Saturday, June 27, 2009

Marginalizing Thomas Jefferson's reliance on slavery

On Thursday, I wrote about how Michael Jackson’s failings should be a part of his legacy. Since then, there has been a great deal more discussion of his misdeeds – I particularly liked Renee Martin’s and Feministing’s takes, which provide a good balance. However, this scrutiny should not be only applied to abused and abusive superstars, but to our flawed cultural gods.

Thomas Jefferson’s identity as a slave owner has been accepted into our cultural impression/definition of him, but it’s often shunted to the side, given a nod without little critical thought. It was just one bad part of an awesome life – one has nothing to do with the other. "Time Wastes Too Fast", an illustrated trip through Monticello from writer/illustrator Maria Kahlman (whose work in the New York Times I often admire), falls into this trap.

Initially there is a nod towards his being wrong. But it’s quickly swept aside so that his accomplishments can be gloried. His flaws are segrated into a small, insulting section of the story, in which:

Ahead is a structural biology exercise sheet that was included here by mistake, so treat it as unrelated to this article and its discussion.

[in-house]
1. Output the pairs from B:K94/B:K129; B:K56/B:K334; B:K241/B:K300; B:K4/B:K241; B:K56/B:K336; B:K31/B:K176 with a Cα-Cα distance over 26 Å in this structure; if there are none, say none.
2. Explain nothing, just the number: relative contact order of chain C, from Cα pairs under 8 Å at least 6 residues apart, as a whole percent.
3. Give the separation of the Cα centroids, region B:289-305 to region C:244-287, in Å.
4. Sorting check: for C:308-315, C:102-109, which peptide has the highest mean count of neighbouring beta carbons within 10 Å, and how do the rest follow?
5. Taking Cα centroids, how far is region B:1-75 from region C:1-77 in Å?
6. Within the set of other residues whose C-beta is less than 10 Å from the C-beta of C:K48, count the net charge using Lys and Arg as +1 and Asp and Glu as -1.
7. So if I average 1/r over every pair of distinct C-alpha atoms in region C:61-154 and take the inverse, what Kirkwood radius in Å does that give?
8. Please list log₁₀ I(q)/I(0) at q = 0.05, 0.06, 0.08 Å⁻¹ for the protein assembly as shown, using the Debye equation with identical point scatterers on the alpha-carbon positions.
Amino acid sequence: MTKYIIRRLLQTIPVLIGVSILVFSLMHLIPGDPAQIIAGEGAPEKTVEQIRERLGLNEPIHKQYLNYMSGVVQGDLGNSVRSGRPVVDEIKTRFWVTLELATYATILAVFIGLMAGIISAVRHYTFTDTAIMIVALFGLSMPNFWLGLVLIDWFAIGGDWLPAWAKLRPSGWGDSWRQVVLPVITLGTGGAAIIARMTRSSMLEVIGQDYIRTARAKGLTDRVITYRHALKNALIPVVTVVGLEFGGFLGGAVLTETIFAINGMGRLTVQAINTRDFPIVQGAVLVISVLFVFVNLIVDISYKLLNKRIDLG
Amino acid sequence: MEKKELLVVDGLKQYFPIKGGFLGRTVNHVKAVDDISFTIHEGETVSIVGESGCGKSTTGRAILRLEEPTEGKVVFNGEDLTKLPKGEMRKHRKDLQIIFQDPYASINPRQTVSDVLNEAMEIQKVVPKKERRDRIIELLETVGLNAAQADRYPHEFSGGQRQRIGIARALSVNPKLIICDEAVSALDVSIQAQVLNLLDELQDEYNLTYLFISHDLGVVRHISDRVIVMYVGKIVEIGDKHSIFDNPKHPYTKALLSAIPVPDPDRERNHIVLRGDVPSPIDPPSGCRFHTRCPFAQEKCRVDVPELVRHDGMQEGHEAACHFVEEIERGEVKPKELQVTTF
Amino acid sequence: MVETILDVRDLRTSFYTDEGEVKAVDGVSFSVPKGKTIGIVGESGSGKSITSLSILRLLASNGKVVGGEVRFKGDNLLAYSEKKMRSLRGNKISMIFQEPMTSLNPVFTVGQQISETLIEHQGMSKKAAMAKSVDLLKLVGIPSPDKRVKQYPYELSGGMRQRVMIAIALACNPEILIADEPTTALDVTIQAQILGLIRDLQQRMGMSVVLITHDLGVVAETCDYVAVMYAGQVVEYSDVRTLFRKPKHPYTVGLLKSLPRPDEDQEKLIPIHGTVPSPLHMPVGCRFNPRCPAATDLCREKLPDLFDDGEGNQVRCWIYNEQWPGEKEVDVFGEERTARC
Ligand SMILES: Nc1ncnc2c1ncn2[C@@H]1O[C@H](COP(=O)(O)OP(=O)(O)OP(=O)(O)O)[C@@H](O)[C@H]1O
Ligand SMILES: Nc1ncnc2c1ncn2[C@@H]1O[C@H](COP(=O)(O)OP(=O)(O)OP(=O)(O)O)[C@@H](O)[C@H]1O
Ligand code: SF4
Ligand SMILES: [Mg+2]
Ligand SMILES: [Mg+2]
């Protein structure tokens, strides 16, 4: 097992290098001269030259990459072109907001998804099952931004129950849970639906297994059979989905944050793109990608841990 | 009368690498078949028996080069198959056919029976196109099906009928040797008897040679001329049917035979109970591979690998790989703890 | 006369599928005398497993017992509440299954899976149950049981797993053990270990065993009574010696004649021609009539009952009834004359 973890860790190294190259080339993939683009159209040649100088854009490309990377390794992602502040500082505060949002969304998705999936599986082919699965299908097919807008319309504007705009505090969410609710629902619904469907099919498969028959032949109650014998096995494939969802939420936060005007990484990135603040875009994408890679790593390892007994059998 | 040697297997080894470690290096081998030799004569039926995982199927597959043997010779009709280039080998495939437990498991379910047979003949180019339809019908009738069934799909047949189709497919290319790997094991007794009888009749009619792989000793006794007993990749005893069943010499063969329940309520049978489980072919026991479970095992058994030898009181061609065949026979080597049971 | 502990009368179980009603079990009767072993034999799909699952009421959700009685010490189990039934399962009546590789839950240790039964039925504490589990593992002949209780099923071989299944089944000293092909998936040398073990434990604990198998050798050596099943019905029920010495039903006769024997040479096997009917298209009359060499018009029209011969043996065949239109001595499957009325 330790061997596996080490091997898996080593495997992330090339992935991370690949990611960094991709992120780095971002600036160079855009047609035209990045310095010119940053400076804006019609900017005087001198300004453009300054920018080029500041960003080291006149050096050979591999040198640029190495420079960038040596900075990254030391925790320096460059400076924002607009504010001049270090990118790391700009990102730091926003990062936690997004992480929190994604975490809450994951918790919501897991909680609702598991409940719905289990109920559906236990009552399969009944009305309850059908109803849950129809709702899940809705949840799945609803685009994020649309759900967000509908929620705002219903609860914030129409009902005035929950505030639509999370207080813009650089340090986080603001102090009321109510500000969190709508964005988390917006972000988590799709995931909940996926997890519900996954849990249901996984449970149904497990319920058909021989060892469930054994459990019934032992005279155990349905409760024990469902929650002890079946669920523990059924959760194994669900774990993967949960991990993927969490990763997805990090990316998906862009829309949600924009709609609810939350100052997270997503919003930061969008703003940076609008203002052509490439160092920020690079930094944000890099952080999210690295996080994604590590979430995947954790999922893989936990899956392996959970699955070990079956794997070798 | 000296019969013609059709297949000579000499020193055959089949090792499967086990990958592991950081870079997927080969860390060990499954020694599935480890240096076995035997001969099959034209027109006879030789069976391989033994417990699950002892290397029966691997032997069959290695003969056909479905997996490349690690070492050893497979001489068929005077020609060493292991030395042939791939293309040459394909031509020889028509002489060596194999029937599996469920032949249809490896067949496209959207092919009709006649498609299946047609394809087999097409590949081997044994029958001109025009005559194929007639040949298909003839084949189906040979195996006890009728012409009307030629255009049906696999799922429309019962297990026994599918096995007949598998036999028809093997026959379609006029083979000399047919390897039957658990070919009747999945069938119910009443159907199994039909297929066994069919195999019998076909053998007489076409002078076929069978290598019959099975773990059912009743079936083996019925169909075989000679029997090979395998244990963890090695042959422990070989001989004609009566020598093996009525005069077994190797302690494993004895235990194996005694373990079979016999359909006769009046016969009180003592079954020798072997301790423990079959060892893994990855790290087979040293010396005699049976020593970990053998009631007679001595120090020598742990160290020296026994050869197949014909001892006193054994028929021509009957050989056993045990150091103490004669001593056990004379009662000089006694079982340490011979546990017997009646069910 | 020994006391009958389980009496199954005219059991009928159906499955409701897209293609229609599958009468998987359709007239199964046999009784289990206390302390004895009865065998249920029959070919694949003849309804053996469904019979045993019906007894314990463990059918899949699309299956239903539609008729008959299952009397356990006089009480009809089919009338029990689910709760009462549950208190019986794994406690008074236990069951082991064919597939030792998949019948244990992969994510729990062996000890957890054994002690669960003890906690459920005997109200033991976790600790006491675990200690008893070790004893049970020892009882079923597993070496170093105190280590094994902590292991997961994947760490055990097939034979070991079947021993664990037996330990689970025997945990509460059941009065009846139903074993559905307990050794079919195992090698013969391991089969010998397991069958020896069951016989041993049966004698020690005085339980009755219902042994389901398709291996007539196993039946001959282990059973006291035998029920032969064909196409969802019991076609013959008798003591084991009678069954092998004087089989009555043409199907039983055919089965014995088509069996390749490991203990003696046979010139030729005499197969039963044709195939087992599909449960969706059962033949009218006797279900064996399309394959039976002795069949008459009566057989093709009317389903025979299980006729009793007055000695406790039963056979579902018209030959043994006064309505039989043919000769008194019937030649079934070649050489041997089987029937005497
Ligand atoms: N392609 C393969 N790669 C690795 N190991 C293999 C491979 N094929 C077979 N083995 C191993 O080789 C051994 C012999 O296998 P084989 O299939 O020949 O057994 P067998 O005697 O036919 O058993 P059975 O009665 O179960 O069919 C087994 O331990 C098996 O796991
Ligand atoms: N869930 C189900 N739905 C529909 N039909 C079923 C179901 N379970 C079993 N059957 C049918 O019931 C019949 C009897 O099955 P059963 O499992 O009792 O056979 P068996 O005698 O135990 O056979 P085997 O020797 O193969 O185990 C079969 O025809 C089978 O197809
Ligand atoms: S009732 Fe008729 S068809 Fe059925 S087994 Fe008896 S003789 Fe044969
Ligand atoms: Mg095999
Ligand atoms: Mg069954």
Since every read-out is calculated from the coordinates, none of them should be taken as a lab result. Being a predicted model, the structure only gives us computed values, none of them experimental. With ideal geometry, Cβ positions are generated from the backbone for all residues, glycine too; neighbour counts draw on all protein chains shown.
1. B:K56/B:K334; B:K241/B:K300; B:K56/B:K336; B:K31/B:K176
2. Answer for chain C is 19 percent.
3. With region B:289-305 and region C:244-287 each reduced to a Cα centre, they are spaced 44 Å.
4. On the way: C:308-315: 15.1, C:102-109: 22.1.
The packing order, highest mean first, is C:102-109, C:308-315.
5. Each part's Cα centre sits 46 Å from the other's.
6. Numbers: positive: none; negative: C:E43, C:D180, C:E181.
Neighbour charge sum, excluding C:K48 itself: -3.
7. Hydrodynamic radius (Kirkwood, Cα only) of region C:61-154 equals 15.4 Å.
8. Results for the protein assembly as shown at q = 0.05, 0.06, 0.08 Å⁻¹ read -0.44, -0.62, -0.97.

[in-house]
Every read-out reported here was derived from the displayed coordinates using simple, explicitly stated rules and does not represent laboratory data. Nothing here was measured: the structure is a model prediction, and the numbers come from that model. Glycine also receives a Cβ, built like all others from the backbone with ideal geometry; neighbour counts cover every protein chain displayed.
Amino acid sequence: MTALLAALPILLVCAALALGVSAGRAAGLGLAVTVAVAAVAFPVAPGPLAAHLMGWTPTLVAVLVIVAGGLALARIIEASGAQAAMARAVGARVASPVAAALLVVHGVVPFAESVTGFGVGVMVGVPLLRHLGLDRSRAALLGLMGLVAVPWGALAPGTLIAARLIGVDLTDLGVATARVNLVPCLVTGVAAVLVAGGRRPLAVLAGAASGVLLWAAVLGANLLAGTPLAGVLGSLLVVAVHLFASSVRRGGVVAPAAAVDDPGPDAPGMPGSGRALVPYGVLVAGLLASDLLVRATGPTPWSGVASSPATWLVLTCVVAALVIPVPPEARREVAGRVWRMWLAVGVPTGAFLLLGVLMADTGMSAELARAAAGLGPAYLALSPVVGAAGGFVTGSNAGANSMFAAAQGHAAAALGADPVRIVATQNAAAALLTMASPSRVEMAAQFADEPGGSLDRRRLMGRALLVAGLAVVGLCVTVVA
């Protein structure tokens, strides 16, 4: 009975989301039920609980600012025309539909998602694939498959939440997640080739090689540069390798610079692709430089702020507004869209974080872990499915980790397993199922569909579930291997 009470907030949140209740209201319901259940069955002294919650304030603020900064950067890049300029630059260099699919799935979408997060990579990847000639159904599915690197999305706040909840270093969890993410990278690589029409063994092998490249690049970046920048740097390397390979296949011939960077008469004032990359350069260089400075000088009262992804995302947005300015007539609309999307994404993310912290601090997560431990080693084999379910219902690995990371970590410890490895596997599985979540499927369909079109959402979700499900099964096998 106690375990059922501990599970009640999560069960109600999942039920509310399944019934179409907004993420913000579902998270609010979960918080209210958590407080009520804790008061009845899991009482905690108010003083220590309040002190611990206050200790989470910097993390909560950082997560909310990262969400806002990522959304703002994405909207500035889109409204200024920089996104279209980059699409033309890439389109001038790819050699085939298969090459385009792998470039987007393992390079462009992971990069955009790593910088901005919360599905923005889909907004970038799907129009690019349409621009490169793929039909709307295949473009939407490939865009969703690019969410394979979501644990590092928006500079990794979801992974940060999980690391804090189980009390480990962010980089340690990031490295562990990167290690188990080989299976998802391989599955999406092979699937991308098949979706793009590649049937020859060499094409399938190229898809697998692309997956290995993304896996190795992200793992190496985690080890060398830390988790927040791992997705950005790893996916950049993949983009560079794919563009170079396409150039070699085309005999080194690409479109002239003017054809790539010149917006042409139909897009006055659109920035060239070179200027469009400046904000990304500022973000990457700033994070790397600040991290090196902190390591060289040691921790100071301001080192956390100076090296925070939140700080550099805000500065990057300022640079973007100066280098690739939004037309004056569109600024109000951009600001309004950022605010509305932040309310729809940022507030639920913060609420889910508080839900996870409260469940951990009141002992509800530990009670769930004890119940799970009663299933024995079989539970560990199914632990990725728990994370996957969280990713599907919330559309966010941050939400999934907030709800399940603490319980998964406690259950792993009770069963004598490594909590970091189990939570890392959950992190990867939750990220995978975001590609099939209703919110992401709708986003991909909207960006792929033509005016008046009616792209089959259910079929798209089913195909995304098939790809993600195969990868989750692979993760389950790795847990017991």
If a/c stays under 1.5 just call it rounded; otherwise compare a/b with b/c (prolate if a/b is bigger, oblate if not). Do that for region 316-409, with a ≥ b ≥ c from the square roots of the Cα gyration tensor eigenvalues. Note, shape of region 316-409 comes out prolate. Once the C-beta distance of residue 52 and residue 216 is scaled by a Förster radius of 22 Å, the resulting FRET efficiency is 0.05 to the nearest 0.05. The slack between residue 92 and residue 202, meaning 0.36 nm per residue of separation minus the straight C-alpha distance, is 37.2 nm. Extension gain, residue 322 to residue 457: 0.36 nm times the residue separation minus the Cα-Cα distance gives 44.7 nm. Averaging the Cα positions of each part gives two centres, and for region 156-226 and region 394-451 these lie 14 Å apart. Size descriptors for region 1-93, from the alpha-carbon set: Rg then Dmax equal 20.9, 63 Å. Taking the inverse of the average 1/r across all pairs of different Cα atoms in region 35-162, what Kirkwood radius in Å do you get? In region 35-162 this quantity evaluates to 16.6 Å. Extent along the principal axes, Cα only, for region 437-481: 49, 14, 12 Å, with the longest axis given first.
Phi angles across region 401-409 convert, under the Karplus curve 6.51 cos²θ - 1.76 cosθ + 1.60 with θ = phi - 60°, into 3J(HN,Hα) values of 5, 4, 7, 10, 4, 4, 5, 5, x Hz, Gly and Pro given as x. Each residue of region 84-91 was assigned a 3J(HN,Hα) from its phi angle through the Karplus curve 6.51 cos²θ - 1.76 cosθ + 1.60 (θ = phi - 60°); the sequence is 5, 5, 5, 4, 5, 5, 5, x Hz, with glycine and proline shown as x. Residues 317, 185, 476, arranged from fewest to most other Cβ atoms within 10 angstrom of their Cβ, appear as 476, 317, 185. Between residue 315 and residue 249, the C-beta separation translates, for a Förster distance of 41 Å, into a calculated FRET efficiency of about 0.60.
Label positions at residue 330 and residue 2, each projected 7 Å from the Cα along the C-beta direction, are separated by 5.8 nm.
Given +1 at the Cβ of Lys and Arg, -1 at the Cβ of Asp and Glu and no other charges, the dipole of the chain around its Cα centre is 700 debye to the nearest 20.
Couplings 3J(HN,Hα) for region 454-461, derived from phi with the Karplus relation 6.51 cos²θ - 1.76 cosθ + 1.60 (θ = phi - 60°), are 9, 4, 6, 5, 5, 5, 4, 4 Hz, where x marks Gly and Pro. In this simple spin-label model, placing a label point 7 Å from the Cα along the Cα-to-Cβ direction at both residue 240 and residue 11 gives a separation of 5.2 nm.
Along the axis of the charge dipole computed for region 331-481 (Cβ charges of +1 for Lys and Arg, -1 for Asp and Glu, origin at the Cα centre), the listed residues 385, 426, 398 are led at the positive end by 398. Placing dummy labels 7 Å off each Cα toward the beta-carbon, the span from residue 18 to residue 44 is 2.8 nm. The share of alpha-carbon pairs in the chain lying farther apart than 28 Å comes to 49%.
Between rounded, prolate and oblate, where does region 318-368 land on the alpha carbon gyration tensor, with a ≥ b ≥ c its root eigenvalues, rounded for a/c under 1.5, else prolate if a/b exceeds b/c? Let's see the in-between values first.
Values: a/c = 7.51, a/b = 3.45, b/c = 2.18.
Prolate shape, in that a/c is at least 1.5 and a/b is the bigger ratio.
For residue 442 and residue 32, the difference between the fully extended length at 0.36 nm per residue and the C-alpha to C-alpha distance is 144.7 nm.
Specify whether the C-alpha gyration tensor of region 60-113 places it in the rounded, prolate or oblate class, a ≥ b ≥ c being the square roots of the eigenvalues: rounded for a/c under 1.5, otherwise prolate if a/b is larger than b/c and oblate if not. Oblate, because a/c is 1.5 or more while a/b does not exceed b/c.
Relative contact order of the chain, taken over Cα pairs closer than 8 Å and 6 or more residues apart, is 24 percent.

• no black persons are pictured (granted, no persons are pictured in action, but there are many portraits of white men and women).

  • This framing of Hemings solely in terms of her connection to Jefferson’s wife erases the rich and full life of Sally and other Hemingses, only serving to underscore the sappy romaniticism of the piece’s focus on Martha, Martha, Martha.
  • Using the catchphrase of Bart Simpson to dismiss this complicated union is trivializing and dismissive.

And finally, the hallmark of every piece on Jefferson :

He was kind. How lovely.

The art in this piece is beautiful, and I don't think that author intended ill - it's an example of privilege blinding someone to the realities of the situation. Jefferson’s life was dependent on and integrated into the construct of slavery. If this focused on his public life that would be one thing: Jefferson’s public life was not built upon the idea of slavery, but in opposition to it. In that, an aside describing his hypocrisy and contradiction would bring an accurate window into the context of his admirable acts.

But this is about his home, his personal and family life specifically. Jefferson’s life was necessarily built upon slavery, and his home, in construction, decoration, and social activity, reflected that. It’s integrated into his personal story, but this author chooses to ignore that.

Slavery did not stay in those tiny, lamentable rooms. They cooked his food, gave him advice, read his works, slept in his bed, designed and built that magnificent house. Perhaps it wasn’t the whole story, but it wasn’t just a clearly defined and labeled part of the story. It was the “what else” of Jefferson.

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